Degene "Safie" Dashasa's friends say he was the embodiment of the American dream. A decade after coming over from Ethiopia, Safie (pictured at right) had worked his way up from employee to proud owner of a Philadelphia Cheese Steak restaurant in the Central District. He was a short time away from bringing his new bride home to the states when he was killed. Now Safie's widow is suing the state, claiming the man who murdered her husband went unsupervised by the department tasked with watching him.
Davis-Bell was only 23 at the time of the murder. But he'd already racked up an extensive criminal history, including charges for assault and harassment.
Rey Alberto Davis-Bell apparently felt that a shopkeeper trying to keep him from selling drugs was "doing him dirty."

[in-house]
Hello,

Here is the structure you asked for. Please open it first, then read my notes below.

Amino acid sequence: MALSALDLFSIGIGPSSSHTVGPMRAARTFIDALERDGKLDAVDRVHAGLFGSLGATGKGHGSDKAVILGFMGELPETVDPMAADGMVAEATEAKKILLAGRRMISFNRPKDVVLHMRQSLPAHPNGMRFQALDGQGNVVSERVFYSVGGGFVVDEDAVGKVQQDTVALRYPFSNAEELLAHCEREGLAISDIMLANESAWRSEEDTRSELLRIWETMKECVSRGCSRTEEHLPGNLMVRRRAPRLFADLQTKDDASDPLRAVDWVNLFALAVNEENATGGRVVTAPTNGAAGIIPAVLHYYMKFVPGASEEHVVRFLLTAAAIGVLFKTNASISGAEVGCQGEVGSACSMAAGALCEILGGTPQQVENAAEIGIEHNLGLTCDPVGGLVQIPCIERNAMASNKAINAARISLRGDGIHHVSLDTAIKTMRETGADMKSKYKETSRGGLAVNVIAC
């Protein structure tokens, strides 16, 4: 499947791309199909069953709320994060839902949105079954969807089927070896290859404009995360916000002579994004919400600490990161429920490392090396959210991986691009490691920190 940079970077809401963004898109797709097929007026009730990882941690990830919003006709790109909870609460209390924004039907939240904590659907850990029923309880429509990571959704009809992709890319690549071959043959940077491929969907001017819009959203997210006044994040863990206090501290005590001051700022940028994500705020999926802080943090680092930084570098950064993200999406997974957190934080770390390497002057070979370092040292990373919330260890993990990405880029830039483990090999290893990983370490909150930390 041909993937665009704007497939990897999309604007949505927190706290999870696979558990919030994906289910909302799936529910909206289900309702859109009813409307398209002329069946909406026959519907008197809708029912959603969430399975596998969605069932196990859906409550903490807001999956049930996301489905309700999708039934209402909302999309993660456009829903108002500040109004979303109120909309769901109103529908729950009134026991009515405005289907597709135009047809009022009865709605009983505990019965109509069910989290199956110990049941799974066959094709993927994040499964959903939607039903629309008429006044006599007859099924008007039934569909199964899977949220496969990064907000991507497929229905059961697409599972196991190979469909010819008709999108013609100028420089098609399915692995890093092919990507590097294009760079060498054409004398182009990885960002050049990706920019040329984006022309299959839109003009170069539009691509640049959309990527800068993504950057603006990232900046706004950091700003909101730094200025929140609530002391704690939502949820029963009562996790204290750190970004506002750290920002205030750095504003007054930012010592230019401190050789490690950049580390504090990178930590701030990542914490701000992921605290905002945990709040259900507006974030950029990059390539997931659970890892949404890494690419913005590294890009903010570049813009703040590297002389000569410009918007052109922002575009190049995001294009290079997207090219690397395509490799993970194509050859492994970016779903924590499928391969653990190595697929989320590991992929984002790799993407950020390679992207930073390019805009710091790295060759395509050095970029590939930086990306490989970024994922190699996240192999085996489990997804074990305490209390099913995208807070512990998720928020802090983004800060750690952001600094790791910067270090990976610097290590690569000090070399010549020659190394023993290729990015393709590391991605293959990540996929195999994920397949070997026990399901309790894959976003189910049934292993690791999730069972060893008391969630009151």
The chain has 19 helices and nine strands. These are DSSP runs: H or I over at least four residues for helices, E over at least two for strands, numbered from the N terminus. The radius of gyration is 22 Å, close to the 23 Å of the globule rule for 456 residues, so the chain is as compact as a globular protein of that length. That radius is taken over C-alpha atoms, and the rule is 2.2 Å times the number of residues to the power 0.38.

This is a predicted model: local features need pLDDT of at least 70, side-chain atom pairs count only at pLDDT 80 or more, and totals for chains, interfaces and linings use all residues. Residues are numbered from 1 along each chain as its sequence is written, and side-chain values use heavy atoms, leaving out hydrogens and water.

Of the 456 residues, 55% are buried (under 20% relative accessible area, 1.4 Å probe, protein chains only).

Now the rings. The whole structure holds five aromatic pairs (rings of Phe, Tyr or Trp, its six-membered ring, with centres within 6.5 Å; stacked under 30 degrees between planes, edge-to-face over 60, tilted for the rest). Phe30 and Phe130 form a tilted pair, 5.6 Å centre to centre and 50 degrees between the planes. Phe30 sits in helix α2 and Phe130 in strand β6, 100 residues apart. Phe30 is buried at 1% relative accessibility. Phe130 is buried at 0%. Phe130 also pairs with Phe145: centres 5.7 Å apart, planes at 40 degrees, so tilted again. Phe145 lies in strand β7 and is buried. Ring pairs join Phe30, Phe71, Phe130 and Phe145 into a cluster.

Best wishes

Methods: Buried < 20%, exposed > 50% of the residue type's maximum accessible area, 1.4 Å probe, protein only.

Davis-Bell was among a group of men known to hang around Safie's sandwich shop, asking for water and trying to sell drugs to his customers. Because drug-dealing tends to be bad for business, Safie had frequent confrontations with Davis-Bell, something that would eventually come back to haunt him.
According to a lawsuit obtained by the P-I, attorneys for Safie's widow claim that Davis-Bell told a court-appointed psychiatrist that "one day I'll get even with everybody who has done me dirty." This, apparently, included hard-working men just trying to keep their stores shithead-free.
Despite his bravado, the lawsuit claims that the Department of Corrections only made Davis-Bell check in on occasion. Even as it classified him a high-risk for re-offending.
This lax enforcement, say lawyers for Safie's widow, allowed Davis-Bell to meet up with old associates, get a gun and ammunition and go on a shooting spree that also targeted the West Seattle apartment of an ex-girlfriend.
"I was hurt a lot and I don't have nothing left for me," said Safie's widow through an interpreter to a King County judge at Davis-Bell's sentencing. "I never suspected my life to be this way."